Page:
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Psoriatic arthritis is a rare form of arthritis or joint inflammation that affects both skin and joints. It can occur in people who have psoriasis, a skin and nail disease. Psoriasis is an ongoing (chronic) condition that causes a red, scaly, itchy rash. It also causes nails to become thick and pitted with tiny holes.
Psoriatic arthritis causes painful joint pain and swelling, along with skin rashes. It most often affects finger and toe joints. But it can also affect wrists, knees, ankles, and the lower back.
This condition is most common in adults ages 30 to 50. But it can begin in childhood. In many cases, the skin disease starts before the arthritis.
Early diagnosis and treatment helps to ease pain and prevent joint damage from getting worse.
The cause of psoriatic arthritis isn’t known. But things such as a child’s immune system, genes, and the environment may play a role. Children with this condition often have a family member with arthritis or psoriasis.
The skin condition psoriasis may start before or after the arthritis. Psoriasis causes a scaly, red, itchy rash on the knees, elbows, scalp, face, and the folds of the buttocks. It can also cause pitting of fingernails or toenails.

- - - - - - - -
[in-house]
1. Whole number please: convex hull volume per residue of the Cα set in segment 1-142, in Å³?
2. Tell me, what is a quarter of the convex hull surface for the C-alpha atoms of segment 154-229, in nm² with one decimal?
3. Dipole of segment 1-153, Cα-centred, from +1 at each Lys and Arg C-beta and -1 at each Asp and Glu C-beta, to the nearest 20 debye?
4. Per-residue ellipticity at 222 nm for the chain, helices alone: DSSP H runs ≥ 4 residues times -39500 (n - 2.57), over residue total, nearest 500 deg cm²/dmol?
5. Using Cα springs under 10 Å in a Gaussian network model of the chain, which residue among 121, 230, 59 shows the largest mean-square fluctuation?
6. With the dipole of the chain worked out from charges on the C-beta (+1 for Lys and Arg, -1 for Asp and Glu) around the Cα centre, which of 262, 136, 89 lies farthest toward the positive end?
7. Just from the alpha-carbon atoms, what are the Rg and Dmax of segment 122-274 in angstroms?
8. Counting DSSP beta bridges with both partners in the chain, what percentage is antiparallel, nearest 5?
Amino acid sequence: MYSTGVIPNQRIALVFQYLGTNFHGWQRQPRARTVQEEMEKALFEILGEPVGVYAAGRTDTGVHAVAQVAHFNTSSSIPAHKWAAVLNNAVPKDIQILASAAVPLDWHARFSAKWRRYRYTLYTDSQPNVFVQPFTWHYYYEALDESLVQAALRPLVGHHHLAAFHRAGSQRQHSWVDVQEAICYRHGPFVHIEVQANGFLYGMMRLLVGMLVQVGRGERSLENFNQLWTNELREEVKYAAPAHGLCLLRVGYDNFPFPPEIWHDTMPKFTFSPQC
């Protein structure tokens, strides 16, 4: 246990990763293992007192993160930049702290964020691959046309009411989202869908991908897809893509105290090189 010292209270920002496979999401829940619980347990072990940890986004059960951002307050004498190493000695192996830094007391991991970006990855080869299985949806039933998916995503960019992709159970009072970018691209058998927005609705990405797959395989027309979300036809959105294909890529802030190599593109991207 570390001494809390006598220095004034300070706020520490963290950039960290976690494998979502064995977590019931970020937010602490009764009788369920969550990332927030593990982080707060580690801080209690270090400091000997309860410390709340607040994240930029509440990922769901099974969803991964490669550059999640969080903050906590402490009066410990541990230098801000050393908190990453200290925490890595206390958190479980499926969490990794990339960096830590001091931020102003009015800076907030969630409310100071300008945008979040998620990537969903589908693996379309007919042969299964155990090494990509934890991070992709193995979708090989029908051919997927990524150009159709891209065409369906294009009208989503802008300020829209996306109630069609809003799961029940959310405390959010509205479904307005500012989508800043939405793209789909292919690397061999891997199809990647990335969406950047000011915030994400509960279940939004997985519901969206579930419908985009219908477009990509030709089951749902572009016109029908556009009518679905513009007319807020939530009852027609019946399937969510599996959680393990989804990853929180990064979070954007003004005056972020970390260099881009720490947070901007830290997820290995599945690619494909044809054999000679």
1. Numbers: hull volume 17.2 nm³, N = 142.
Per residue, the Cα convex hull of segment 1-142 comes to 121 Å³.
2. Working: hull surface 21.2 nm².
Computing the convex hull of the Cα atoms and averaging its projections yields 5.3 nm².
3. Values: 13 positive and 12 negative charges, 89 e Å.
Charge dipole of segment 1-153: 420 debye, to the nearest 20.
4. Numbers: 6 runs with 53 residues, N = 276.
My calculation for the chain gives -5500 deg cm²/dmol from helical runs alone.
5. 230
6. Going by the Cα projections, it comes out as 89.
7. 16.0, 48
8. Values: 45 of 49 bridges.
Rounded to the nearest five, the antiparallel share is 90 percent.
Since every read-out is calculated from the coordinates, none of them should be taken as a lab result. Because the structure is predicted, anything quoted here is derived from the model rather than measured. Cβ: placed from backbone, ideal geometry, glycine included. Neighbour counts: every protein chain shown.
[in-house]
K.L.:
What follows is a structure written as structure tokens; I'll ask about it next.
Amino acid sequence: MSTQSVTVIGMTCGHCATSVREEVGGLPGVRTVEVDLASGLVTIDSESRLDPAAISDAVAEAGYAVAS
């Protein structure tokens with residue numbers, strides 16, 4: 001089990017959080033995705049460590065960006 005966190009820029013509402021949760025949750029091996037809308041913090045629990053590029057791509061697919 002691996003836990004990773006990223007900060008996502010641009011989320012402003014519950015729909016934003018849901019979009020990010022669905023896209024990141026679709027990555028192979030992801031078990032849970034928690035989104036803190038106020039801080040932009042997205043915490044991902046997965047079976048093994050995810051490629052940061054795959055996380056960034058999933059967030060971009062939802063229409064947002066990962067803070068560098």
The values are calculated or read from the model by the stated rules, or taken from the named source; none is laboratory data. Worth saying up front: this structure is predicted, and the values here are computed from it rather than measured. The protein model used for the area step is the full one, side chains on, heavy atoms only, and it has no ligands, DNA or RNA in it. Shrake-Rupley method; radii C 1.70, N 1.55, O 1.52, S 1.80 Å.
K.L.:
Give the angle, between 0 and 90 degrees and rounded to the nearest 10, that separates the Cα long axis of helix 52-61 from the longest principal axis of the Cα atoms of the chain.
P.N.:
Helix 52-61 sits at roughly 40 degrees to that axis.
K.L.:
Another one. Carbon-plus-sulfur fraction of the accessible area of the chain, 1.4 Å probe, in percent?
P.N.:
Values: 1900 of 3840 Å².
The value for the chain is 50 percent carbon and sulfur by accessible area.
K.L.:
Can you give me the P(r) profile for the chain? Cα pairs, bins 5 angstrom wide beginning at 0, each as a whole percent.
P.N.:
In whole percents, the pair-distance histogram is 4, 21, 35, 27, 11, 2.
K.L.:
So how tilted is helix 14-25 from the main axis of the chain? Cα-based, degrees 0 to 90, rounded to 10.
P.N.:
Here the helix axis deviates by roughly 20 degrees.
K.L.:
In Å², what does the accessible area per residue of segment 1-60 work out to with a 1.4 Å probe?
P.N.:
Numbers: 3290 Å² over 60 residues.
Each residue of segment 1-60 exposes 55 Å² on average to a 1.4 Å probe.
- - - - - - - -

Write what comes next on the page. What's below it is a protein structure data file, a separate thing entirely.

Each child’s symptoms may vary. Symptoms of psoriatic arthritis may include:
Psoriatic arthritis is easier to confirm if your child already has psoriasis. If the skin symptoms have not yet occurred, diagnosis is more difficult. Your child’s healthcare provider will take your child’s medical history and do a physical exam. The provider will ask about your child's symptoms. Your child may have blood tests such as:
Other tests may include:
The treatment team will include your child's primary healthcare provider. It will also include a pediatric rheumatologist, and an ophthalmologist.
Treatment is done for both the skin condition and the joint inflammation. Some medicines used to treat psoriatic arthritis include:
Other treatment may include:
Children with psoriatic arthritis are at risk of having an eye condition called uveitis. This is an inflammation of the eye’s middle layer.
With early diagnosis and treatment, children can go into remission. This means that symptoms go away. But when treatment is delayed, remission is less likely. Then the condition may lead to long-term disability.
Help your child manage his or her symptoms by sticking to the treatment plan. This includes getting enough sleep. Encourage exercise and physical therapy and find ways to make it fun. Work with your child's school to make sure your child has help as needed. Work with other caregivers to help your child take part as much possible in school, social, and physical activities. Your child may also qualify for special help under Section 504 of the Rehabilitation Act of 1973. You can also help your child find a support group to be around with other children with pediatric arthritis.
Tips to help you get the most from a visit to your child’s healthcare provider:
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